In 1955, RAF Flying Review published an article on the five jet trainer designs competing for orders from the Japanese Air Defense Force. We find there:
- The Fuji FJT-51
- The Fuji FJT-21
- The Mitsubishi JTM-1
- The Kawasaki-Gifu KAT-2
- The Shin Meija KJT-1
The Shin Meiwa KJT-1 basic trainer was designed for two 900 lb. thrust Marbore's ( or alternatively, the Allison J33 turbojet ). The turbojets would be mounted side-by-side in the fuselage, were fed via lateral intakes and exhaust under the rear fuselage.
The KJT-1 had an estimated maximum speed of 478 m.p.h. and an endurance of 2.2 hours cruising at 311 m.p.h. at 26,250 ft.
The crew of two were seated side-by-side.
In the immediate postwar era, the Allied Occupation authorities imposed a ban on aircraft manufacture that was to last until April 1952.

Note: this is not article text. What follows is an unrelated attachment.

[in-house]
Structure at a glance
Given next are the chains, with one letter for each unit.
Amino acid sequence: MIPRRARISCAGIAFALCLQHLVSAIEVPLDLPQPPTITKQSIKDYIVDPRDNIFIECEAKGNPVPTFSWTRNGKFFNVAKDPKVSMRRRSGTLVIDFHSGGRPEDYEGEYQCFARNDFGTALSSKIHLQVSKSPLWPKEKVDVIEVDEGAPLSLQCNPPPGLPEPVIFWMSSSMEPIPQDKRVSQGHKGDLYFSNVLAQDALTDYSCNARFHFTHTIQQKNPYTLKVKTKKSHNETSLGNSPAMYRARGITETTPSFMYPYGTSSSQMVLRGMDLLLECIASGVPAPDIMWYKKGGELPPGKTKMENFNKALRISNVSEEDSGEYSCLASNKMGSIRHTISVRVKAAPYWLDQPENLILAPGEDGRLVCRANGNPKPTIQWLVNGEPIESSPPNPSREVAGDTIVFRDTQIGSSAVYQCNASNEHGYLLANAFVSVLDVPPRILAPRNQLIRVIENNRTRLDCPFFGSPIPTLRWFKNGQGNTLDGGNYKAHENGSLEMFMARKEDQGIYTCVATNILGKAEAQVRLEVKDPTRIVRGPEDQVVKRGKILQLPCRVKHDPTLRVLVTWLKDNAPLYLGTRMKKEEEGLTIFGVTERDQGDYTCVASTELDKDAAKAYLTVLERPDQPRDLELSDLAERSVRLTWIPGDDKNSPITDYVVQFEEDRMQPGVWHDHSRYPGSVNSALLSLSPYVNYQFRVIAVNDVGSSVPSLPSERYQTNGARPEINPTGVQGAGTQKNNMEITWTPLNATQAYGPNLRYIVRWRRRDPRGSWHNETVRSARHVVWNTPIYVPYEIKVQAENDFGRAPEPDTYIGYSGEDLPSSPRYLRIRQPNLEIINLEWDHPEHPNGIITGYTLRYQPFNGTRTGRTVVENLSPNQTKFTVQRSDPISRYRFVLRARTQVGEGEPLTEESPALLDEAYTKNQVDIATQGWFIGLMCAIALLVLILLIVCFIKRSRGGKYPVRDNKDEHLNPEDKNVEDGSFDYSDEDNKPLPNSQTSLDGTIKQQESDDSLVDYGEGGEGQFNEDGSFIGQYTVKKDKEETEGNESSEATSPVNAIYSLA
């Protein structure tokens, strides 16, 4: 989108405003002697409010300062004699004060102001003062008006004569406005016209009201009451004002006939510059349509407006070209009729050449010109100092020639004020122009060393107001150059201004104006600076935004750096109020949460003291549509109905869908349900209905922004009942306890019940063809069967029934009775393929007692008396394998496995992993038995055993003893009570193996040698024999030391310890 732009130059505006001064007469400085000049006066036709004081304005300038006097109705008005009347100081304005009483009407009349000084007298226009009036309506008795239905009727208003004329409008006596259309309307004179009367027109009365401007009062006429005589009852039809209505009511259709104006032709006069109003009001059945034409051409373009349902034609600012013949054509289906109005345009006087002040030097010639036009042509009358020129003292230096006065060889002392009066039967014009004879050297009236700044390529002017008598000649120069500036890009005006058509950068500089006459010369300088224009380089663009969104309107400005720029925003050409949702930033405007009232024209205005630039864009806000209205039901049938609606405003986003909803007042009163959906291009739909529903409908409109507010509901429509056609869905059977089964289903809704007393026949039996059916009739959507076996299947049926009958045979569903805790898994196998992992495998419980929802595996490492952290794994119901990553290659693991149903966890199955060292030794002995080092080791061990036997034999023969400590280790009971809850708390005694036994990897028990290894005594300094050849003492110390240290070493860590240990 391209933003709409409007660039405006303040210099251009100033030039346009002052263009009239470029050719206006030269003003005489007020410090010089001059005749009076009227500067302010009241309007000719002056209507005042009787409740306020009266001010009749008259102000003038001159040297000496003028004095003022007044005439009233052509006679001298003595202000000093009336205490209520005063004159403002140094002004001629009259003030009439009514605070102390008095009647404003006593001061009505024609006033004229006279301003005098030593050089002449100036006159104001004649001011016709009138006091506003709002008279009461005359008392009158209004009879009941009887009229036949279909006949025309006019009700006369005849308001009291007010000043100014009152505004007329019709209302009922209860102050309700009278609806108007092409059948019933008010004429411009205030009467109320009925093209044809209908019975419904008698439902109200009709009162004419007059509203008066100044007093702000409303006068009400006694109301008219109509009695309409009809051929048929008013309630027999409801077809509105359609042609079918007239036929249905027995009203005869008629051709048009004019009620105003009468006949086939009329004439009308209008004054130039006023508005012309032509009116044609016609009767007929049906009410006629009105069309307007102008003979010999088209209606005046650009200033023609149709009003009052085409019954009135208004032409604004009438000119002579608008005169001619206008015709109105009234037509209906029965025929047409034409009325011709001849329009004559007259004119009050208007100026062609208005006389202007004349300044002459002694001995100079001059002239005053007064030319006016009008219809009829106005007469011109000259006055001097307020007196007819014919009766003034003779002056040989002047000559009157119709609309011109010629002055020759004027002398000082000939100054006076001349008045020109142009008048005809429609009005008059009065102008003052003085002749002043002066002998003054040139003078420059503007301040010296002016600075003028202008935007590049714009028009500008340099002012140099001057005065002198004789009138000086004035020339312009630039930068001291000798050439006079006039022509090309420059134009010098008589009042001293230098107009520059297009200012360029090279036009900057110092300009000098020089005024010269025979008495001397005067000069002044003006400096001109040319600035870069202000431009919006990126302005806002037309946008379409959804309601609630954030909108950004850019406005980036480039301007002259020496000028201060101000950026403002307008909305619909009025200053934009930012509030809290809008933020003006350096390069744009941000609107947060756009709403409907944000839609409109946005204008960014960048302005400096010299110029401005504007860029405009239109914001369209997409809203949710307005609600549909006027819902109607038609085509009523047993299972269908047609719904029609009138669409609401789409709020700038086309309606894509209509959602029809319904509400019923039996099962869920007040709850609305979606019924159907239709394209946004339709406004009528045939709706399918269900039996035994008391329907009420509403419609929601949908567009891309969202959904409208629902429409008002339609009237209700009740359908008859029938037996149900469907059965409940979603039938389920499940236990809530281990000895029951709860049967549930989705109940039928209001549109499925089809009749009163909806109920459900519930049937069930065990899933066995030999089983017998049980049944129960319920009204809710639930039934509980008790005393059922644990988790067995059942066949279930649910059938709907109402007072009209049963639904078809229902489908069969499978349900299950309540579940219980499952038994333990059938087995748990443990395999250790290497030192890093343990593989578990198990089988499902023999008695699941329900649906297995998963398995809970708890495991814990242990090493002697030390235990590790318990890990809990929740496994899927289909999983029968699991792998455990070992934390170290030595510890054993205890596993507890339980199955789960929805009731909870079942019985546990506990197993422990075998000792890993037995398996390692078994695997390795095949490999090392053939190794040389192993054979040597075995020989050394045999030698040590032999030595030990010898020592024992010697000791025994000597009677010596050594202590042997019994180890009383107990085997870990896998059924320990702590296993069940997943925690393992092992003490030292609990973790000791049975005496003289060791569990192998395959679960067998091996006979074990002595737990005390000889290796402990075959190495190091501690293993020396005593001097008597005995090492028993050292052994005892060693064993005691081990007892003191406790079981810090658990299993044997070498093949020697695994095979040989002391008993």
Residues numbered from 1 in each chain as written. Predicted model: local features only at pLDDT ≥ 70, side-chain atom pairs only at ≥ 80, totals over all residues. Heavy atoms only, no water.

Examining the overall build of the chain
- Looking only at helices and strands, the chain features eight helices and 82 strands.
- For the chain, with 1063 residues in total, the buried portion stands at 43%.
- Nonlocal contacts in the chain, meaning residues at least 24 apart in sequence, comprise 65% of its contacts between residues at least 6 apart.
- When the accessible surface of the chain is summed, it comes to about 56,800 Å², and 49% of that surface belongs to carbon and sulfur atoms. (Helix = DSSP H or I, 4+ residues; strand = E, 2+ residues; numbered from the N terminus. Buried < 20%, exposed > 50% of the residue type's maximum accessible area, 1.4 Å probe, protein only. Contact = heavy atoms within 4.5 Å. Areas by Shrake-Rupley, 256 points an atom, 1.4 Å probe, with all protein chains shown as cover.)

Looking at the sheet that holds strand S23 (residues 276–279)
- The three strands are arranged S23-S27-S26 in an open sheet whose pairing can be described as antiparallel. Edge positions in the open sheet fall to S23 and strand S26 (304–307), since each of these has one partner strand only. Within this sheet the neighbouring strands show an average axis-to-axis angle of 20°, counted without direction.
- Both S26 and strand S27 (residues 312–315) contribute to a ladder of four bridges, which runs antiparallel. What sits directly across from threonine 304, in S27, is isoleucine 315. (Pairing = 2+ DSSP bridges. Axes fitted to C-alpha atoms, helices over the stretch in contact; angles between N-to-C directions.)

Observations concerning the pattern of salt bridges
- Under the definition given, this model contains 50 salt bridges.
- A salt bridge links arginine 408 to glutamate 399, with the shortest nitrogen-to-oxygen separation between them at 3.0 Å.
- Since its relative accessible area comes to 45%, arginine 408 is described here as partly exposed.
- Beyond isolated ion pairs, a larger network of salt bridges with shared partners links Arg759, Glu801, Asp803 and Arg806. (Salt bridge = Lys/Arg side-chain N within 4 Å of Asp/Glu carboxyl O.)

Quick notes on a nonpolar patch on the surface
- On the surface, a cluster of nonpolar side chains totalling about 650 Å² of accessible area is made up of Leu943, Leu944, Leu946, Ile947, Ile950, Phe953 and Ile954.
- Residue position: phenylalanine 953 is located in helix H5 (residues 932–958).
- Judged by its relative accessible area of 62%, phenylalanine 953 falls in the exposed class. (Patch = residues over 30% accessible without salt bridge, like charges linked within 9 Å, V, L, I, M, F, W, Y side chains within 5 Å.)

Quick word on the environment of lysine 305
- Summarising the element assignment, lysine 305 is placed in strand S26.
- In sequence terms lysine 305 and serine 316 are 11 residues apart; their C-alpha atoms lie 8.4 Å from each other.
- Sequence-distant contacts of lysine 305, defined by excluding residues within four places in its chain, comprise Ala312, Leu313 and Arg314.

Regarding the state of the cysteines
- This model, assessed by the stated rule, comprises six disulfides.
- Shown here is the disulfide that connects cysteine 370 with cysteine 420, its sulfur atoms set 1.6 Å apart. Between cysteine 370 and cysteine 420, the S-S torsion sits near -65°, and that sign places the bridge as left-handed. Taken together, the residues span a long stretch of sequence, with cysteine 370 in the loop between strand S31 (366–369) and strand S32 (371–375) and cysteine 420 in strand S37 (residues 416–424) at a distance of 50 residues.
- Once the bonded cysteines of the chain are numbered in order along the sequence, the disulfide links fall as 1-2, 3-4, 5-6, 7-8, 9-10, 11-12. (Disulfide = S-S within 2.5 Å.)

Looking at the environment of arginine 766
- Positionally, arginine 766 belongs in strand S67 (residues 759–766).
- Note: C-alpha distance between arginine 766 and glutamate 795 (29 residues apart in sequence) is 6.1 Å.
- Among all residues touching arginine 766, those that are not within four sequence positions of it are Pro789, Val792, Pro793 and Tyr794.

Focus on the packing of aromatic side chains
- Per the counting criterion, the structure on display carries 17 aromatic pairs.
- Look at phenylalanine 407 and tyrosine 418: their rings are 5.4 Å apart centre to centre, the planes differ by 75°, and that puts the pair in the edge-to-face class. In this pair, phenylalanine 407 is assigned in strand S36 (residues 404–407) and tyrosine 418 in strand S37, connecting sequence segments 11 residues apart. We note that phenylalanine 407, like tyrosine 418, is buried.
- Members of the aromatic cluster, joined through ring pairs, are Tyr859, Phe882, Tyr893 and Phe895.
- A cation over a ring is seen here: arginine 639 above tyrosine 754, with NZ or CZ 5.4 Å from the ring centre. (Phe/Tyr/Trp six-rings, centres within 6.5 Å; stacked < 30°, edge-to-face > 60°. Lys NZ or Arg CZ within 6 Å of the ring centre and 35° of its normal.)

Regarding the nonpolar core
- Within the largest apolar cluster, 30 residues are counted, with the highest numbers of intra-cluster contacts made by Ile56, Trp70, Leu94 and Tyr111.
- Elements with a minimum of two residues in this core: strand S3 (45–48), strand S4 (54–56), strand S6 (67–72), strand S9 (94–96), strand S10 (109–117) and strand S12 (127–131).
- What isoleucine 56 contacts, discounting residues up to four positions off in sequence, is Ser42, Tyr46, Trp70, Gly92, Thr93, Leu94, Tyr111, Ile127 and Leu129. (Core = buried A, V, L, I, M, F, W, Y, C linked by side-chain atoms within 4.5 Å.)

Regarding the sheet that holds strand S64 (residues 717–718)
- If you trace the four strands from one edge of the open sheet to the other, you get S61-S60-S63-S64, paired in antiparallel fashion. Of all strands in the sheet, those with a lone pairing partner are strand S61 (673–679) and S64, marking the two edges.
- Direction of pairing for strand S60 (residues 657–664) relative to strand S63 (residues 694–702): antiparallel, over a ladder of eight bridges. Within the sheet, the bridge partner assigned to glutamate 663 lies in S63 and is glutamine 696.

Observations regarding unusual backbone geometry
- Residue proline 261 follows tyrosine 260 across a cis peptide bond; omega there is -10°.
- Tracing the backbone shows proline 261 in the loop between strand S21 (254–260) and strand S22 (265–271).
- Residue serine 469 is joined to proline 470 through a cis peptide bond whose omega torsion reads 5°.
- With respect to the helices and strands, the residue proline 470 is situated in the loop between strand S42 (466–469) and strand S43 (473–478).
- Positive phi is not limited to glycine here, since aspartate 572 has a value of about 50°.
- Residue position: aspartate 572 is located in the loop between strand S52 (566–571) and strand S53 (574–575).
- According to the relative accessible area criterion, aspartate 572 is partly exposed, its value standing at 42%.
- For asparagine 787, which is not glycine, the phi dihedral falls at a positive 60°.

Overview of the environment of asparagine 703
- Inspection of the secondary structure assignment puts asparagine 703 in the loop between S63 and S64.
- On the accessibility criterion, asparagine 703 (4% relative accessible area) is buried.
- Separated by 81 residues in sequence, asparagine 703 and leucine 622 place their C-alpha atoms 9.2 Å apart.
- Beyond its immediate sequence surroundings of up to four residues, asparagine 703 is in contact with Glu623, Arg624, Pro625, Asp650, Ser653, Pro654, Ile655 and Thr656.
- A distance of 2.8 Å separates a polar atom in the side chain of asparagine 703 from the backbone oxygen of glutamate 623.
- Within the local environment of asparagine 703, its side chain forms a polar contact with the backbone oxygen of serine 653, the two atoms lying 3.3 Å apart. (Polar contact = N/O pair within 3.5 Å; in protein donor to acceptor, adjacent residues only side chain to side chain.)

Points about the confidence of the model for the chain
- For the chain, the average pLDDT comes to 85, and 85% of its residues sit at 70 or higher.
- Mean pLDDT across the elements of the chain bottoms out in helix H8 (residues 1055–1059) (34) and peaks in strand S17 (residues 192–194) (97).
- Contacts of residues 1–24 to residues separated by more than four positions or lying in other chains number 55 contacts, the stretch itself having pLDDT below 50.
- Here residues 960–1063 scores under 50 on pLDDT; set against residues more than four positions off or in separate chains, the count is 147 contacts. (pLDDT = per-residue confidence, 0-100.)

Founded in 1949, Shin Meiwa Industry Co., Ltd. (the name was anglicized to ShinMaywa in 1960) turned Kawanishi’s technological skills to the production of motorcycles and dump trucks.
Soon after the outbreak of the Korean War in June 1950, the company received contracts to manufacture drop tanks for U.S. Air Force aircraft and moved on to overhauls of the nascent Japan Air Self-Defense Force’s Sikorsky S-51 helicopters from September 1954.
Nowadays, the company is responsible for overhauling JASDF U-4 (Grumman Gulfstream IV SP) and JMSDF U-36A (Learjet 36A) aircraft.